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Treatments for HS can be divided into 1) those therapies focused on the single area of activity, 2) those therapies designed to reduce the inflammation of multiple areas, 3) those therapies attempting to get rid of the scars and sinus tracts, and 4) those therapies hoping to prevent the development of new lesions.


In treating a single new lesion, the goal is to reduce acute discomfort and inflammation.  Early care-givers noted that incision and drainage would almost immediately improve the discomfort of painful pressure within the lesion; however there was frequently scarring, recurrence, and new sinus tract formation that would develop along the path of the incision.  Antibiotics were often used, originally with the thought of treating “the infection”.   As we now know however, these areas were only rarely infected, and the useful antibiotics would act primarily as inflammation-reducers.   Systemic antibiotics such as the tetracycline family, sulfas, erythromycins, clindamycin and rifampin were all noted to be helpful in acute flares.  More recently, antibiotics have been combined with steroids and given as shots within the inflamed nodule; this continues to be an effective means of reducing the acute signs and symptoms of the nodule but do not prevent recurrence.  Warm tap water compresses may give some symptomatic relief, but give little help to the overall process.


For the individual with multiple, often recurring areas, treatment of individual nodules may be inadequate.  Ongoing therapies such as continuous antibiotics or other continuous anti-inflammatory medications may be helpful.  Topical or oral antibiotics, and even topical benzoyl peroxide therapies may be helpful in reducing flares.  Recently combinations such as the mix of oral clindamycin and rifampicin have been reported to have some benefits, although with some risk of significant side effects such as diarrhea.

Other anti-inflammatory therapies may also be helpful.  The use of oral dapsone (avlosulfone) has been helpful in some patients.  Also the use of the new category of anti-inflammatory medications, the biologics or tumor necrosis factor (TNF-alpha) inhibitors, has been associated with a degree of improvement in some patients.  Medications such as infliximab (Remicade@), etanercept (Embrel@), and adalimumab (Humira@) have all been used, with mixed results.  Potential side effects of these medications mandate that they be used with caution.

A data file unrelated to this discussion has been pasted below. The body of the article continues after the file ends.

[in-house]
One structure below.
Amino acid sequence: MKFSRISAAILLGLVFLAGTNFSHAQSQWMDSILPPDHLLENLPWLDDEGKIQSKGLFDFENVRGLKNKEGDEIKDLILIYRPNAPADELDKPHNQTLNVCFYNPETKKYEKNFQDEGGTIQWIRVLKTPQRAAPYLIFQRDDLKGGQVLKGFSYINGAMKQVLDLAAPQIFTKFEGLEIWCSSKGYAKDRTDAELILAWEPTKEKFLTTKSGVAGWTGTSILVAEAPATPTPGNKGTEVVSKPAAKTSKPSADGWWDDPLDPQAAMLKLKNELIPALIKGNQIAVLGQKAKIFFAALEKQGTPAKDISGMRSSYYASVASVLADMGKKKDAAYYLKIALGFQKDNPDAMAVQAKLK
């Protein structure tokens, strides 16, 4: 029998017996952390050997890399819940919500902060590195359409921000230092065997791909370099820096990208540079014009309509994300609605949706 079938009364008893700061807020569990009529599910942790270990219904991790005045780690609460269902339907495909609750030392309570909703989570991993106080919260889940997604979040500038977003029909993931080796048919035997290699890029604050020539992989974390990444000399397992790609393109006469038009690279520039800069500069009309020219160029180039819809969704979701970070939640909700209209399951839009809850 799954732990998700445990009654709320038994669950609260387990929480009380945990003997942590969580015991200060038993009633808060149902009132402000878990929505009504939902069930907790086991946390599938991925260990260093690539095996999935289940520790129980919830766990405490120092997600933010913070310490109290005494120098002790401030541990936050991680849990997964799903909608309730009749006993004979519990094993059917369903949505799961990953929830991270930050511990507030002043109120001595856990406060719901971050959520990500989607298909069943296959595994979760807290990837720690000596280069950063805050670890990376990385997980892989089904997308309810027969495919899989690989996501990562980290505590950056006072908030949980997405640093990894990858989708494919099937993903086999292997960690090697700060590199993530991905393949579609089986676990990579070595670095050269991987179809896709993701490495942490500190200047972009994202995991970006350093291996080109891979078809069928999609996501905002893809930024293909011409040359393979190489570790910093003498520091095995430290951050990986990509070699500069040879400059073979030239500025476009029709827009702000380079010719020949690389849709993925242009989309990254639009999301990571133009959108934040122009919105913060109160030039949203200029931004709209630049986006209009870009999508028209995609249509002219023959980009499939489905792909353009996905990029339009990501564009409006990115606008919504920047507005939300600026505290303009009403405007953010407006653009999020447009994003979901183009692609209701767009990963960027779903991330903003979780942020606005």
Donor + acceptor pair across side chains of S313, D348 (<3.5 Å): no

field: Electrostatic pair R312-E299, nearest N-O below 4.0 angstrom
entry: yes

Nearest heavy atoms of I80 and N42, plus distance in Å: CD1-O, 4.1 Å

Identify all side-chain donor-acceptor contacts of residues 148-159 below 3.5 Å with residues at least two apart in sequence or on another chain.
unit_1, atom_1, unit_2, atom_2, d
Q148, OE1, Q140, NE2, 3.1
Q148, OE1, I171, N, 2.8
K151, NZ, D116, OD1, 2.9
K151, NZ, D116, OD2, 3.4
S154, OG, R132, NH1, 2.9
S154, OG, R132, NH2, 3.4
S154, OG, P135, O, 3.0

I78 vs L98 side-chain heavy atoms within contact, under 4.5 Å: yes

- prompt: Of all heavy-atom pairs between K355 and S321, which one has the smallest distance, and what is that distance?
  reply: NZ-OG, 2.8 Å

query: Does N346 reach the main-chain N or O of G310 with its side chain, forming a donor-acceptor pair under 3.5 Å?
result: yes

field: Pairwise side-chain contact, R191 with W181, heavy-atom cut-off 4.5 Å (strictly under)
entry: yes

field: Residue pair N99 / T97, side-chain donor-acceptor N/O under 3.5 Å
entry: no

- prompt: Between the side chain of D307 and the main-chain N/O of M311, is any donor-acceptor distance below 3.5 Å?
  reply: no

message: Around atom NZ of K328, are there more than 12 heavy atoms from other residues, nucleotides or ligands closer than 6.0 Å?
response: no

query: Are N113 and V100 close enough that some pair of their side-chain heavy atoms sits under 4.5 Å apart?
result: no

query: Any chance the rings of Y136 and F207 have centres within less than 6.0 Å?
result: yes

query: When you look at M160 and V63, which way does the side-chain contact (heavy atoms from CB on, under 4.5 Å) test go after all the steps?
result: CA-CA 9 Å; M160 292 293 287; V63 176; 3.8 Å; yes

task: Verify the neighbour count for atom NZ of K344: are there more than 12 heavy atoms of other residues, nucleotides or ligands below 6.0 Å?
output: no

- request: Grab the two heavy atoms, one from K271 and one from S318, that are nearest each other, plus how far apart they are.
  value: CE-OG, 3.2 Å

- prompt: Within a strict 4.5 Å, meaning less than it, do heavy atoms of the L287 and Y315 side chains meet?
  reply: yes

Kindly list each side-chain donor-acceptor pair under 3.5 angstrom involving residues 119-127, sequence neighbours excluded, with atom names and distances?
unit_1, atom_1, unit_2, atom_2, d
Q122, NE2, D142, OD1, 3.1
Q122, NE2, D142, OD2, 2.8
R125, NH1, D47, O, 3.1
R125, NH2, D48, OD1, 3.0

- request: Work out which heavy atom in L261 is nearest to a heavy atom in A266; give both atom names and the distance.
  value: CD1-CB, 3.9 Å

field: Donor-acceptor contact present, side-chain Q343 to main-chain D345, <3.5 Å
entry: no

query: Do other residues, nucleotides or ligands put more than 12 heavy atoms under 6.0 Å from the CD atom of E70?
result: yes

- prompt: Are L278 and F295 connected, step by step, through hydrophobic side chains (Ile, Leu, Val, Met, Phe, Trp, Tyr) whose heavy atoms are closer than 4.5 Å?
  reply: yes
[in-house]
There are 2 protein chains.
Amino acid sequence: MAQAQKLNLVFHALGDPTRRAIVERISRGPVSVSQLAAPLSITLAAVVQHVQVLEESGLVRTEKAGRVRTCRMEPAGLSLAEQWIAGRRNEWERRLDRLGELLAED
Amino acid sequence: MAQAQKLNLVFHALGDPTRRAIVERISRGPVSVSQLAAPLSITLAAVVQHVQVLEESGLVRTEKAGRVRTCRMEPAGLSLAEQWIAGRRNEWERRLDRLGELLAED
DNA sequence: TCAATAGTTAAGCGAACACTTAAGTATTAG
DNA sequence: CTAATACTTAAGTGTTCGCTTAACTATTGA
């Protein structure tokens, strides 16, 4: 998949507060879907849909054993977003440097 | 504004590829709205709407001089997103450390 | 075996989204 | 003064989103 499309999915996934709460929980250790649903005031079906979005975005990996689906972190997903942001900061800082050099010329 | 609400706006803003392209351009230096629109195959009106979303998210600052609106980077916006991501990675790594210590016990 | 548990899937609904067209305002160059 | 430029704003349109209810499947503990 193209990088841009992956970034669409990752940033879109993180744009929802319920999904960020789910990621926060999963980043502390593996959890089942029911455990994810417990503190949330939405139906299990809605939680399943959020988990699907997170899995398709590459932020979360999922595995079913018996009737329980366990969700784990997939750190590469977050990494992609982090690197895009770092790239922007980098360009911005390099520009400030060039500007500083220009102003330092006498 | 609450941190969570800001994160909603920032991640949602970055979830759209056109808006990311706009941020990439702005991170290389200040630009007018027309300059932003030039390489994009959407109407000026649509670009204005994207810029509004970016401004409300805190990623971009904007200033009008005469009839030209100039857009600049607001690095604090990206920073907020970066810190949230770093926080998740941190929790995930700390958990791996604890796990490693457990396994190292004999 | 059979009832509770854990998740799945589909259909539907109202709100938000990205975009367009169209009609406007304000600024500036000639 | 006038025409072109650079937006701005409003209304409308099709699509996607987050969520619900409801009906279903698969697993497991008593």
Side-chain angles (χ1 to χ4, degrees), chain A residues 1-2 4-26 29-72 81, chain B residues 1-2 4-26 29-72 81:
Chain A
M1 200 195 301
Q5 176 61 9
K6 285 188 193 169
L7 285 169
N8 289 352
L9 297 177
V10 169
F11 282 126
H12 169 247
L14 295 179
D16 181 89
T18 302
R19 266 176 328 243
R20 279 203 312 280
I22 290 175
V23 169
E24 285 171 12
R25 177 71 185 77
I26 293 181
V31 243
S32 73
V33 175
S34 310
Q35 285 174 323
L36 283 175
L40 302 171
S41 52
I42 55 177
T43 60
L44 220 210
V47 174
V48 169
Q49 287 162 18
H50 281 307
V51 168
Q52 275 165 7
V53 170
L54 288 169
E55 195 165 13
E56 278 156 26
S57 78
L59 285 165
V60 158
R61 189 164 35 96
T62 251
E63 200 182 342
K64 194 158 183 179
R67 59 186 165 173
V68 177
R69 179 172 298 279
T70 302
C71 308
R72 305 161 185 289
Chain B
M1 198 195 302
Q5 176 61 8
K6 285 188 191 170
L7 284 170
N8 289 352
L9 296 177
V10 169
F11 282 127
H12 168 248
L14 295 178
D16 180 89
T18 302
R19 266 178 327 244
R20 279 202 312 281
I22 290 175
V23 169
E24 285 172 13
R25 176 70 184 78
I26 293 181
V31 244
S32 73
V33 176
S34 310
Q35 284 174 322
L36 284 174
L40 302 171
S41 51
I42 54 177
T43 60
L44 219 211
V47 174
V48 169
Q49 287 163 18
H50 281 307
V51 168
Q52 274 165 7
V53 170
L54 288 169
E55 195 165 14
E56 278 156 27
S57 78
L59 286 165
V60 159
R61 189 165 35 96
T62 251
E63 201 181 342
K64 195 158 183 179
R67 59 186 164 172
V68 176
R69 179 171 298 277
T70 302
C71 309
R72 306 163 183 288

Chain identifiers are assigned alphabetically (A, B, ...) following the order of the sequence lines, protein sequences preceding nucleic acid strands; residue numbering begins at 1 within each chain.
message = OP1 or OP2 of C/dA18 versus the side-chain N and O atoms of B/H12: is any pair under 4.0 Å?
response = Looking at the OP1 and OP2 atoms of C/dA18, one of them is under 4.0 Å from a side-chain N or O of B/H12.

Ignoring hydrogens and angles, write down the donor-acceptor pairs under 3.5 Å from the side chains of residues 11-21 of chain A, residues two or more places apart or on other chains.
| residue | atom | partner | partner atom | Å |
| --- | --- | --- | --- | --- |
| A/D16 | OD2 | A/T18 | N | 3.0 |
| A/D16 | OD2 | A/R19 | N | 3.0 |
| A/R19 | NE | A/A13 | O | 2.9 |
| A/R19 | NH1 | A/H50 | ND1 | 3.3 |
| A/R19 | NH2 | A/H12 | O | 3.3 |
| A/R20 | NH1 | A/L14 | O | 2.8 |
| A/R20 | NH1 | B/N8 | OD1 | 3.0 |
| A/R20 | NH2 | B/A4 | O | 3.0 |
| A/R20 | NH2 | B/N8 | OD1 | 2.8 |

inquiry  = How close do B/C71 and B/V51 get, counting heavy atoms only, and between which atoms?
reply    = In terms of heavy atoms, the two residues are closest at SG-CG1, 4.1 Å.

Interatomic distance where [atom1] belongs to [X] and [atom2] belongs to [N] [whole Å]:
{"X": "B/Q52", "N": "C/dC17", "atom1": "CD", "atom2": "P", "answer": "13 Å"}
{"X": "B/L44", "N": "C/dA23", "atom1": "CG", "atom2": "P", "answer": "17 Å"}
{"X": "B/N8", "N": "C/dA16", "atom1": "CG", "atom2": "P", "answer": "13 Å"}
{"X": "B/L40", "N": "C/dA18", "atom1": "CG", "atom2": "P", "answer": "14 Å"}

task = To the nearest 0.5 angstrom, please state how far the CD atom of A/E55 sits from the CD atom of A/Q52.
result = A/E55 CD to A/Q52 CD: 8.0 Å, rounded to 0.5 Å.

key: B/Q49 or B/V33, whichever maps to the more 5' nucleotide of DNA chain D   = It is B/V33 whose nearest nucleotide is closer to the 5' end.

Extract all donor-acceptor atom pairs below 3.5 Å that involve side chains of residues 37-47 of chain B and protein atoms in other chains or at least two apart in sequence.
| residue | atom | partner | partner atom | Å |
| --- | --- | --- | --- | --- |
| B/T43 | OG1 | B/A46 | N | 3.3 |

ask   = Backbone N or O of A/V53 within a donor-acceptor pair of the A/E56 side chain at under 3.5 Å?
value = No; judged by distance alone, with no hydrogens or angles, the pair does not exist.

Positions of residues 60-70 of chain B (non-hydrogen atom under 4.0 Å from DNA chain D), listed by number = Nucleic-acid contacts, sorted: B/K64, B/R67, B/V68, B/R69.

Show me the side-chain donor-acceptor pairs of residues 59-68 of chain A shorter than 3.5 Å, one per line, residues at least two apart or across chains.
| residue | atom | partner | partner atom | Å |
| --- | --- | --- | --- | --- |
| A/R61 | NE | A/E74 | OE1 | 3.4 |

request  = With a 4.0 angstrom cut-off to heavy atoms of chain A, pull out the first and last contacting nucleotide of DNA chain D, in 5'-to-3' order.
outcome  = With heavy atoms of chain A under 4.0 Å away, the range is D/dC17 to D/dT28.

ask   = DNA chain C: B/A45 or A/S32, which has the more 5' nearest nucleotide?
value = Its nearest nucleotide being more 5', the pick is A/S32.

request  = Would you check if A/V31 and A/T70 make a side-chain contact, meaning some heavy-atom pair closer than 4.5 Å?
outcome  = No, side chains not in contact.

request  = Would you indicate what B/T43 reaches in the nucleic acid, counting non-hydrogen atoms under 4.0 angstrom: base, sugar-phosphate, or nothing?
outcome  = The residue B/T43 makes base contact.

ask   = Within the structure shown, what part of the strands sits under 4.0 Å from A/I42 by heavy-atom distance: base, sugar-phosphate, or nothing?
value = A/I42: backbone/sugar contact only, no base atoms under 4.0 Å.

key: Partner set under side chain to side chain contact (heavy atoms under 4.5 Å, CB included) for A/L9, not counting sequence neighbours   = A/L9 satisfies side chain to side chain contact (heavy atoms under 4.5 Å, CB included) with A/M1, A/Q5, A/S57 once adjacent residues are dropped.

Since the presence of adult hormones appears to be important in the cause of the condition, hormonal therapies have been used.  Avoiding certain foods which may contribute to the development of male-like hormones has been suggested.  Medications used to block the hormone pathway at the level of the follicle may also be helpful.  Cyproterone acetate, spironolactone, and finasteride have all been used with varying degrees of benefit.

Because the follicular events seen in acne and HS appear to be so similar, a powerful and effective acne treatment has also been attempted for HS.  The retinoid (Vitamin A derivative) isotretinoin (Accutane@) has been studied in HS therapy.  However results have been inconsistent, and in our experience, not very successful.  Other retinoids such as Acetretin/Soriatane@ may have greater effects, but have significant side effect potentials.

Lasers have been used to try to reduce the acute inflammation and flare-ups.  Improvement has been noted using the 1064-nm Nd:YAG (neodynium YAG) laser.   In addition, non-ablative radiofrequency or 1450-nm diode lasers have been reported to be helpful.   Photodynamic therapy, whereby a medication is concentrated within lesions of HS followed by a light exposure to the lesions has produced inconsistent and non-lasting results.